Live (The Red Kites / Barabica / The Willbrahms)
The Red Kites kicked off proceedings at The Bull and Gate with an energetic and surprisingly diverse collection of songs.
A fairly standard set of influences goes in to the mix here; The Smiths, The Beatles, and the Stone Roses all get a nod, but there is something more groovy going on with the music that brings to mind some elements of Kula Shaker and Gene.
The set just wasn’t long enough for this band and ended with the funk-groove of ‘You Got the Fever’, which repeats on your brain at inopportune moments; distracting your thought process with the 70s guitar riff!
Second band on offer, Barabica, were very confusing. The energy, enthusiasm and talent of the front man just weren’t reflected in the rhythm section that were backing him up. The drums were a fairly feeble backdrop, with the skins barely being tickled. The bass guitar was played proficiently enough, but in stark contrast to the leaping and thrusting being exhibited by the singer / guitarist, there was no movement at all.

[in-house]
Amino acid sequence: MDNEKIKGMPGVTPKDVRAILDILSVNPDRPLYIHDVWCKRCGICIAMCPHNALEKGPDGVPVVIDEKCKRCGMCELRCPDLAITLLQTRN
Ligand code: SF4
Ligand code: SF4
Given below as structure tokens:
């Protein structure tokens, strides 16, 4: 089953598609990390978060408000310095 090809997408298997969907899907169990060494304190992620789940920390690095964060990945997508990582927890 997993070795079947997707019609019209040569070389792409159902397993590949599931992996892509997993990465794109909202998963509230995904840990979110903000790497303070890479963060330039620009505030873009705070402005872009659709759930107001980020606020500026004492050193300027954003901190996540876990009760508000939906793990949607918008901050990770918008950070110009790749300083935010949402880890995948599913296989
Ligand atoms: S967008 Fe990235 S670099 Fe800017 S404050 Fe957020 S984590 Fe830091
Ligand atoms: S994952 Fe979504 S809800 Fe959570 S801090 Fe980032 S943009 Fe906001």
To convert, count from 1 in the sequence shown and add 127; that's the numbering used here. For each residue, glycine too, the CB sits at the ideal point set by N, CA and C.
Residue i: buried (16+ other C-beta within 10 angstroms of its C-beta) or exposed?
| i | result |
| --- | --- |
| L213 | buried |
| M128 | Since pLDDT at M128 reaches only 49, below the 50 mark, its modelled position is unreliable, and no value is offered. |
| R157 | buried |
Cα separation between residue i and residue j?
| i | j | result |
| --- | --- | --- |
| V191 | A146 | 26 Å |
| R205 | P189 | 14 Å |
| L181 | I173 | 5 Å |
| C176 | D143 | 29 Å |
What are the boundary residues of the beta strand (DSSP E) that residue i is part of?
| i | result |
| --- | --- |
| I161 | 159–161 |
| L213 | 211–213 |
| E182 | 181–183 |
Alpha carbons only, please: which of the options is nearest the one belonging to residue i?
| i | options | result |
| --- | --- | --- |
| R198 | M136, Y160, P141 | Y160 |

There were some good songs in this mix, if you could get past the failings of the performance and it is a real shame that the performance hasn’t rubbed off on the rest of the band.
The Willbrahms were a strange beast. How do you describe a band that plays fairly catchy rock songs in the style of the Dukes of Hazzard? Thoroughly entertaining!
The singer didn’t really have many meaty melodies during the verses, but made up for things rather well when the chorus arrived. No single track stood out, but there was a steady level of quality and novelty throughout!
Headliners, The Rifles, had a really big following. This is not surprising as The Jam are a very popular band and The Rifles are beaten from the same raw materials! The Rifles do their stuff really well and they transport the crowd back in time to the mod era that you might otherwise only experience in a BBC2 documentary.
They were a lot of fun and did a seriously good job at their cover-free tribute, just don’t expect anything new!
Photograph © Erik1980 CC BY-SA 4.0
Written by Smith on